Learn the pros and cons of different flooring types
Aug 5, 2020
Linoleum and vinyl are both popular options for flooring. They’re cheaper to purchase and install than hardwood floors and can replicate the look of hardwood, stone, or other materials. But which one is right for you?
Linoleum vs. Vinyl
Linoleum and vinyl are both very versatile materials that can work well in almost any area of your home. They’re the two flooring materials that are most commonly compared to each other. So how do the two compare?
Vinyl is generally less expensive than linoleum, but not by much. The average price of vinyl is $1-7 per sq. ft., while for linoleum it’s $2-8. Some styles of vinyl will be more expensive than some styles of linoleum.
Expected Lifespan and Durability
Linoleum is generally expected to last between 20 and 40 years, while vinyl has a lifespan of half that at 10-20 years. Vinyl may not last as long as linoleum, but it is cheaper to install and therefore also cheaper to replace than linoleum.
Both linoleum and vinyl are very easy to maintain. Single tiles can easily be replaced on either type of flooring. Any damage can also be simply patched without having to replace the entire tile.
Linoleum lasts longer and is more durable to regular wear-and-tear.
Vinyl is far more resistant to water than linoleum. Vinyl is almost water-proof.
Both types of flooring are very versatile when it comes to your options. There are a wide variety of styles and patterns for both vinyl and linoleum floors. Vinyl is more common than linoleum, however, and may have more color options.
Easy to Clean
Cleaning is easier for vinyl than for linoleum. Vinyl requires only basic sweeping, mopping, and vacuuming. Linoleum requires periodic waxing, an annual protective coating, and in addition, may be sensitive to certain cleaners, so you’ll need to make sure your cleaner is appropriate for linoleum before use.
Vinyl is easier than linoleum to install and can be easily DIY’d. Because linoleum is more susceptible to damage from water than vinyl, it’s best installed by a professional unless you really know what you’re doing with a water sealant coating.
Linoleum is best suited to a professional installation. A professional can prevent future water damage in your home by ensuring that the required water sealant coating is done properly. Linoleum, if not properly installed, is at risk for water damage.
Vinyl is easy to install yourself. There are two methods: snap-together tiles or gluing them down.
In the Kitchen
Depending on your needs for your kitchen, either vinyl or linoleum can work well. Vinyl is more water-proof, but linoleum is more durable and can withstand more wear and tear. If your kitchen sees a lot of foot traffic, linoleum may be the better option.
In the Bathroom
While either type of flooring can work well in a bathroom, and which is best does depend on your needs, vinyl often wins out over linoleum. The bathroom sees a lot of water that can get dripped onto the floor, so vinyl’s water-resistance is a point in vinyl’s favor.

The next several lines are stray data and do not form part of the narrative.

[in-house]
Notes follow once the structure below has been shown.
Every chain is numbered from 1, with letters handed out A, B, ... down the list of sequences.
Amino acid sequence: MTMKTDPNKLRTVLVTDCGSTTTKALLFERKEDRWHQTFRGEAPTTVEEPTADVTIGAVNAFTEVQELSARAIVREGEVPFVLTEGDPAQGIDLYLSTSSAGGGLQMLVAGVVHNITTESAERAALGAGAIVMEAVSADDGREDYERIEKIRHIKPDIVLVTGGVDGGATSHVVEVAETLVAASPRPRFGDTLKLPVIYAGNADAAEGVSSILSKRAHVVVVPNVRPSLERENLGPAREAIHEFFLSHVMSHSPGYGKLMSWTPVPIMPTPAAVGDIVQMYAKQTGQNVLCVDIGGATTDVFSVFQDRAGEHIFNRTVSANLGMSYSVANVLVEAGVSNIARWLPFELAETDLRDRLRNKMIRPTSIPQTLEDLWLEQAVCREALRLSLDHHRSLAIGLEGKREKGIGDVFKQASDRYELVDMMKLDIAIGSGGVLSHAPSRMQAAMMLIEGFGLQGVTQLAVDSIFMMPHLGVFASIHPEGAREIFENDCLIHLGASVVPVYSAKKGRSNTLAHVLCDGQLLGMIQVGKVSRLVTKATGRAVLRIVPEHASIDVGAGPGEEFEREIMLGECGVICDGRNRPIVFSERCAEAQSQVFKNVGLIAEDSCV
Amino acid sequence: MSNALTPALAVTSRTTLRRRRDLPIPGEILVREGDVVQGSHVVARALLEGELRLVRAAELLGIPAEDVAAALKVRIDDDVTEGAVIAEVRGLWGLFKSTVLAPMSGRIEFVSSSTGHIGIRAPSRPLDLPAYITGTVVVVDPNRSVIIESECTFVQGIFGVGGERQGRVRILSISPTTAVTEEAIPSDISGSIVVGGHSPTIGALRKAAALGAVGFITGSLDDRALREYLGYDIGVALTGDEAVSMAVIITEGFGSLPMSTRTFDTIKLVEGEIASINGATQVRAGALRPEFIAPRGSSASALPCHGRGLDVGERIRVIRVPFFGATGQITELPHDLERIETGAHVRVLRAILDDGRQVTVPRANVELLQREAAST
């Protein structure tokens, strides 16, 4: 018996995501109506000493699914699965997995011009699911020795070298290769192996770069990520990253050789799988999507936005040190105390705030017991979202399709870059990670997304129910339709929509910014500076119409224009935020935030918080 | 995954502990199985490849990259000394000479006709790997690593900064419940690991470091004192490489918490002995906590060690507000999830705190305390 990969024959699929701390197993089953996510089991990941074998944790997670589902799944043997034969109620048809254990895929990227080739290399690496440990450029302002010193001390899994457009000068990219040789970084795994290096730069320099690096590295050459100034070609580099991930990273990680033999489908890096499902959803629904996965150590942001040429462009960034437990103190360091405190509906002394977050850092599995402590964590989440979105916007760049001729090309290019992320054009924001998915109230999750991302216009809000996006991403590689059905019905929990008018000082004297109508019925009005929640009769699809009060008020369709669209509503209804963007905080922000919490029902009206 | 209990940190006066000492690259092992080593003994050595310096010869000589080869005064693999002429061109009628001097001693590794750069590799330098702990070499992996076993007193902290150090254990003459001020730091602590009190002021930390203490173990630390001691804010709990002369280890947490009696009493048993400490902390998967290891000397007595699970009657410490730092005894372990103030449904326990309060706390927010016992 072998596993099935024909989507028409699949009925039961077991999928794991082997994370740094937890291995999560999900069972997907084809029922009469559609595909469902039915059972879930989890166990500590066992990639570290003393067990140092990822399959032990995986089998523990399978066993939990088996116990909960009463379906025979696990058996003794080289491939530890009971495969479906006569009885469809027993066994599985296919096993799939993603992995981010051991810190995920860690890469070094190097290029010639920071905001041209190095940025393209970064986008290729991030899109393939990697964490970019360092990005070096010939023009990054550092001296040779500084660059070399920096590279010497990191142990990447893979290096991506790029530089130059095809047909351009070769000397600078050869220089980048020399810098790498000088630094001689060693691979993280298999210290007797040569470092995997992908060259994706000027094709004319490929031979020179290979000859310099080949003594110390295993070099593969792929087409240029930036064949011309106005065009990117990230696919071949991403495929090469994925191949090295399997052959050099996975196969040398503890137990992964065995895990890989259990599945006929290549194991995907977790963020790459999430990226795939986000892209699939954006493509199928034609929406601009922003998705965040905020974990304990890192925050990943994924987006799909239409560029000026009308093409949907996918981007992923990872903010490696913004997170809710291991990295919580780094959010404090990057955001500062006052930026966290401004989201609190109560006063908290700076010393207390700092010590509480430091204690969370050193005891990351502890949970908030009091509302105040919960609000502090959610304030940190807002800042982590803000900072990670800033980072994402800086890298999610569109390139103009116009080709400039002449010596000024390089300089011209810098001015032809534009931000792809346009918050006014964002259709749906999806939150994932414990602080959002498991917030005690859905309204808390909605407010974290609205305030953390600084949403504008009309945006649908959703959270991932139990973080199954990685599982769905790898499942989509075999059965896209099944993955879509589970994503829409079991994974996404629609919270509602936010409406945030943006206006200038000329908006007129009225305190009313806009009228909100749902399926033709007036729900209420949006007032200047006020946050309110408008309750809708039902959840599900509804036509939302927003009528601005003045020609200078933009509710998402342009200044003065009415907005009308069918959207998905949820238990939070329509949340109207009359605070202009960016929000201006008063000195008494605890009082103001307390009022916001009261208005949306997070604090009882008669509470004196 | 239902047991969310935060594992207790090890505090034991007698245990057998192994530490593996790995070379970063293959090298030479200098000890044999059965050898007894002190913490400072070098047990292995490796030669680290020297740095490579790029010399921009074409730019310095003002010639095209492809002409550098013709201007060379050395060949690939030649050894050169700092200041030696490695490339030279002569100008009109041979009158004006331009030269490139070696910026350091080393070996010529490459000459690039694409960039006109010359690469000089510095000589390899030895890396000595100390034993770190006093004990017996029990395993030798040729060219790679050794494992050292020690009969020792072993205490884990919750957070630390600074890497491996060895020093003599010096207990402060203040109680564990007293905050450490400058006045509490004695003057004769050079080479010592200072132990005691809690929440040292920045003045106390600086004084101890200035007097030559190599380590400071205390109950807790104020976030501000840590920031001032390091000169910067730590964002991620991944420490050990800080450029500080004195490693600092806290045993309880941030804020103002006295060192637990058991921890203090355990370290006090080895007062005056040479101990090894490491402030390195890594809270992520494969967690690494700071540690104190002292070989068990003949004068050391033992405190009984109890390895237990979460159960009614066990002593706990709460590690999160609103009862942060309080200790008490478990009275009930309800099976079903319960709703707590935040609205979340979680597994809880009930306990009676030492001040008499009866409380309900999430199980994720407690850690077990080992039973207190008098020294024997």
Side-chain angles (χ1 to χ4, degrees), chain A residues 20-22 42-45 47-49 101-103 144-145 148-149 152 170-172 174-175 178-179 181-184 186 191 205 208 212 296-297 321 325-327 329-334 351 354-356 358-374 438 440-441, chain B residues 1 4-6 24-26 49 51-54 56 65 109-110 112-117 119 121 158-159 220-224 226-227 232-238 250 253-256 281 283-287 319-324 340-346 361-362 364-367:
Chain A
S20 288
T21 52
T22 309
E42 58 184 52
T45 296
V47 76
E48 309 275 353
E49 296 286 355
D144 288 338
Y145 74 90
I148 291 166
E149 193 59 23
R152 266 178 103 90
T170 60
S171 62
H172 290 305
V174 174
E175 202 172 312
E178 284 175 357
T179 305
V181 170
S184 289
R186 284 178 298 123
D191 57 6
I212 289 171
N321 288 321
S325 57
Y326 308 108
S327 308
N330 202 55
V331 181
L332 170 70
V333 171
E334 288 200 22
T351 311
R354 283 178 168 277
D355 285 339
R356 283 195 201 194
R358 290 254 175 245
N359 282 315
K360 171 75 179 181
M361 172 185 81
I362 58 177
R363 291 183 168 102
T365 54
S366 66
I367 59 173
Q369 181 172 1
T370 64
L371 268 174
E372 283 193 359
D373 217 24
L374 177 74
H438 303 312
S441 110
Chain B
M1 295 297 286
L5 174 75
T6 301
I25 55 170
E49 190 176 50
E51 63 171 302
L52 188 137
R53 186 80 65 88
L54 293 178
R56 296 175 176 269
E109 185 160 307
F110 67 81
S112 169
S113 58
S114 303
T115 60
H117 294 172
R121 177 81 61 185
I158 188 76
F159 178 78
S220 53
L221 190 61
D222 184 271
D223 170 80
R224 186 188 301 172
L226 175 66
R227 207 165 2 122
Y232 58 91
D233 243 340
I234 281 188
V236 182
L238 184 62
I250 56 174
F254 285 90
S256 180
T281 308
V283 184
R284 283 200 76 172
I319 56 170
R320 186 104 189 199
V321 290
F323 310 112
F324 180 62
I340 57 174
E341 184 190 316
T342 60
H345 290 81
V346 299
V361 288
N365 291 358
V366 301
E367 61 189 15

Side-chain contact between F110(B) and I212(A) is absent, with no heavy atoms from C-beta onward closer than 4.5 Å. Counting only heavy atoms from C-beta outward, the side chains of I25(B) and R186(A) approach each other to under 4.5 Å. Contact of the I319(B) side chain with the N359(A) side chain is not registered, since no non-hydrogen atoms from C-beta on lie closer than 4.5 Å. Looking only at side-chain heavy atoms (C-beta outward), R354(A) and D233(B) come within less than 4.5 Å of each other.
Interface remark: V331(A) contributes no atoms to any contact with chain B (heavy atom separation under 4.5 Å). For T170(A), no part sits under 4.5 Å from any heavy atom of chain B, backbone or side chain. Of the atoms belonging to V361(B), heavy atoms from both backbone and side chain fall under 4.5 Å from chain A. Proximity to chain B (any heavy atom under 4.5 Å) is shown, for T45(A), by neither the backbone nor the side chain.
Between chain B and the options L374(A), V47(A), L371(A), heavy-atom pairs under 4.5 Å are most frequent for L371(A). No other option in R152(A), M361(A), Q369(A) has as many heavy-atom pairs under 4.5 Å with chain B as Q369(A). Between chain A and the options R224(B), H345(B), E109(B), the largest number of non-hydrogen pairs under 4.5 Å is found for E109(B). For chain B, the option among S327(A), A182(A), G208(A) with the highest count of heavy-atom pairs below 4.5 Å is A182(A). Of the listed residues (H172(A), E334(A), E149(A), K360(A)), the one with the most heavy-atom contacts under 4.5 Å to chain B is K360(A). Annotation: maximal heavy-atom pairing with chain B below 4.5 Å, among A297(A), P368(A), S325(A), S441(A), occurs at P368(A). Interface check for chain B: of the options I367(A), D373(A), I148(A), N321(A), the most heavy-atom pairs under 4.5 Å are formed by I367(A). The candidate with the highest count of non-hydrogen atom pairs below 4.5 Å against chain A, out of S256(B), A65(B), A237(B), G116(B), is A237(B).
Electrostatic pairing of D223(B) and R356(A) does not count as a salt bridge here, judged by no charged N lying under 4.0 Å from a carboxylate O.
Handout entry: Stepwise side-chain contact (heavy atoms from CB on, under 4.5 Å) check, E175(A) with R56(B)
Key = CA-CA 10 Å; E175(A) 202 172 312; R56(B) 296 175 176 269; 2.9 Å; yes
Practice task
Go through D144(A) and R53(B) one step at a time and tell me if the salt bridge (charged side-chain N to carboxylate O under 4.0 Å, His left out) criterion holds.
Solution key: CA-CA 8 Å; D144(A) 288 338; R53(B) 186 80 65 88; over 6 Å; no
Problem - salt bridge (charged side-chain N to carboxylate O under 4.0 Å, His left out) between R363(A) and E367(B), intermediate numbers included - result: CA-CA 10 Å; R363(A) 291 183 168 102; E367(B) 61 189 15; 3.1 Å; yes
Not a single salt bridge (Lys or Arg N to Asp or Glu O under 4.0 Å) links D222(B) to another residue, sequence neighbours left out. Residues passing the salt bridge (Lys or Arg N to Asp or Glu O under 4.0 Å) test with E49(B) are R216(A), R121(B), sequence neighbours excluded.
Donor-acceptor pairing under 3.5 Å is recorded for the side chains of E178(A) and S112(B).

How Can You Tell the Difference Between Vinyl and Linoleum?
To tell the difference between the two types of flooring visually, you’ll need to look at the pattern on the floor. On vinyl floors, the pattern is embossed on the surface. Any holes or damage to a vinyl floor will interrupt the pattern and therefore be easily visible. A pattern on a linoleum floor is carried all the way through the material and will still be visible even through holes or other wear and tear on the floor.
Does Either Type of Flooring Need a Wax Seal?
Vinyl does not require a wax seal, but linoleum does. Linoleum requires a protective coating that needs to be reapplied annually in addition to needing a wax seal periodically.
Does Either Have Asbestos?
Both linoleum and vinyl may have asbestos, especially if they are older floors. If your floor does have asbestos in it, you’ll need to be very careful when removing or repairing it, as tearing it out or sanding it could release asbestos into your house, which is dangerous.
If your floor was installed in the 1980s or earlier, it’s important to check for asbestos before performing any maintenance or repair to your floor. If your floor is darker in color, it has a greater risk for containing asbestos.
To eliminate all doubt, you can send a sample of your floor to a laboratory for testing. To safely cut samples, make sure you’re wearing a mask. Most labs will require three samples, which you’ll need to seal in a plastic bag in addition to using duct tape to seal the area of the floor the samples came from. Alternatively, you can use a home testing kit.
If your floor does test positively for asbestos, it’s best to hire a professional. Depending on where you live, the law may require you to hire a professional to remove the asbestos. The primary danger of asbestos comes from its fibers becoming airborne, where they can be inhaled, causing diseases. An asbestos-abatement professional can safely remove the asbestos from your home.
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